[ hel-uh-niz-uhm ]

  1. ancient Greek culture or ideals.

  2. the imitation or adoption of ancient Greek language, thought, customs, art, etc.: the Hellenism of Alexandrian Jews.

  1. the characteristics of Greek culture, especially after the time of Alexander the Great; civilization of the Hellenistic period.

Origin of Hellenism

First recorded in 1600–10, Hellenism is from the Greek word Hellēnismós an imitation of or similarity to the Greeks. See Hellene, -ism

Words Nearby Hellenism

Dictionary.com Unabridged Based on the Random House Unabridged Dictionary, © Random House, Inc. 2024

How to use Hellenism in a sentence

  • Even in the best of cases, philologists seek for no more than mere "rationalism" and Alexandrian culture—not Hellenism.

    We Philologists, Volume 8 (of 18) | Friedrich Nietzsche
  • Hellenism, in other words, is as much a prodigy of beauty as Christianity is a prodigy of sanctity.

    The Apostles | Ernest Renan
  • Hellenism was much less worn out than the other religions of the empire.

    The Apostles | Ernest Renan
  • The idea of Hellenism is to see things as they are: the idea of Hebraism is conduct and obedience.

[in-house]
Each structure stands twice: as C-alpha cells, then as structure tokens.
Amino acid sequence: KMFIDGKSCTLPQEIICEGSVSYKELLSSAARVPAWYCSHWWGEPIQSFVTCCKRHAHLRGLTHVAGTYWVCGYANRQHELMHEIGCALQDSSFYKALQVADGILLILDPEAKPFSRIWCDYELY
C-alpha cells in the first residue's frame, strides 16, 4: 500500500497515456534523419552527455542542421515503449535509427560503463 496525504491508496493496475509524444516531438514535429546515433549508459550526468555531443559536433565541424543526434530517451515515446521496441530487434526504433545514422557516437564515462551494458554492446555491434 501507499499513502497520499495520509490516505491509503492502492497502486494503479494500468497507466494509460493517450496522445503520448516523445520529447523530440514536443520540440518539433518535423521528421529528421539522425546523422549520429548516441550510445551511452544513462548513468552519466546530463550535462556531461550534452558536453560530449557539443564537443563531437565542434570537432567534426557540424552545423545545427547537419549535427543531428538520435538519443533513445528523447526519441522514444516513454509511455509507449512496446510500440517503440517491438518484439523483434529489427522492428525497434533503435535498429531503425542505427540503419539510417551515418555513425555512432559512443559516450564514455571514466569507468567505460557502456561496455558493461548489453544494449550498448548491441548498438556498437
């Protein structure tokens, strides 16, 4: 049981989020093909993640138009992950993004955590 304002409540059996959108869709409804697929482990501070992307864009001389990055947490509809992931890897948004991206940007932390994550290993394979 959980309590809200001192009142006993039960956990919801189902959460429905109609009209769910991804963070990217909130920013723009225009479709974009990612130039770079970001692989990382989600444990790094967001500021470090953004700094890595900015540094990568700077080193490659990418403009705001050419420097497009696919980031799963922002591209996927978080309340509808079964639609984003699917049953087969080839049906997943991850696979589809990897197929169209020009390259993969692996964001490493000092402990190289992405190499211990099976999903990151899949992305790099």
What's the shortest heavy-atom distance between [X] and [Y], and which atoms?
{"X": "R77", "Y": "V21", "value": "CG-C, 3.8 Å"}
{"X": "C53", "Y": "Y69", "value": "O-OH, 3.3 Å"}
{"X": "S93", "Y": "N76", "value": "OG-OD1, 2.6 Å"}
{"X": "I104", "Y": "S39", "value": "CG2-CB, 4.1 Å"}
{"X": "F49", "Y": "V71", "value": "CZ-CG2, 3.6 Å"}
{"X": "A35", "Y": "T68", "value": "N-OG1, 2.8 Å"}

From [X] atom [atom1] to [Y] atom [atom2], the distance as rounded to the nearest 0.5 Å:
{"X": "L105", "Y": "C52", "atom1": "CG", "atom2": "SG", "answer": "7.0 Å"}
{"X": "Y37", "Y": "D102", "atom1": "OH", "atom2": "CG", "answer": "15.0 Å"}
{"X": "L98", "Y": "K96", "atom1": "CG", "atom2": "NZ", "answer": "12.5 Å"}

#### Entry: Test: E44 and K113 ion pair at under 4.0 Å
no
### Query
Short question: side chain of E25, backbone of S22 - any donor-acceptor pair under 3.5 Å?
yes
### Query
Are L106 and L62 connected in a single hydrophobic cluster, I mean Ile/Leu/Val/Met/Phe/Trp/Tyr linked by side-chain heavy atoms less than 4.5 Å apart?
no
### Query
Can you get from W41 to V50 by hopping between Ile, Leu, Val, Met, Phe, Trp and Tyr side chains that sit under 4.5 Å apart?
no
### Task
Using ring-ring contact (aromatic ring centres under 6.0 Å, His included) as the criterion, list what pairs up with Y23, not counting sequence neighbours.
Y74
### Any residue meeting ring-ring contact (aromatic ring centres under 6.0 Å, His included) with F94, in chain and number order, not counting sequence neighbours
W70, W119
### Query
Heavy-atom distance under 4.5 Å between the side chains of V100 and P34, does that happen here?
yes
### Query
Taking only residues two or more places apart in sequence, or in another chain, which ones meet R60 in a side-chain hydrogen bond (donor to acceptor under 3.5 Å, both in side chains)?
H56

Matthew Arnold | G. W. E. Russell
  • We shall probably be nearer the truth if we suppose that Livius represents the reaction against an already dominant Hellenism.

British Dictionary definitions for Hellenism


/ (ˈhɛlɪˌnɪzəm) /

  1. the principles, ideals, and pursuits associated with classical Greek civilization

  2. the spirit or national character of the Greeks

  1. conformity to, imitation of, or devotion to the culture of ancient Greece

  2. the cosmopolitan civilization of the Hellenistic world

Collins English Dictionary - Complete & Unabridged 2012 Digital Edition © William Collins Sons & Co. Ltd. 1979, 1986 © HarperCollins Publishers 1998, 2000, 2003, 2005, 2006, 2007, 2009, 2012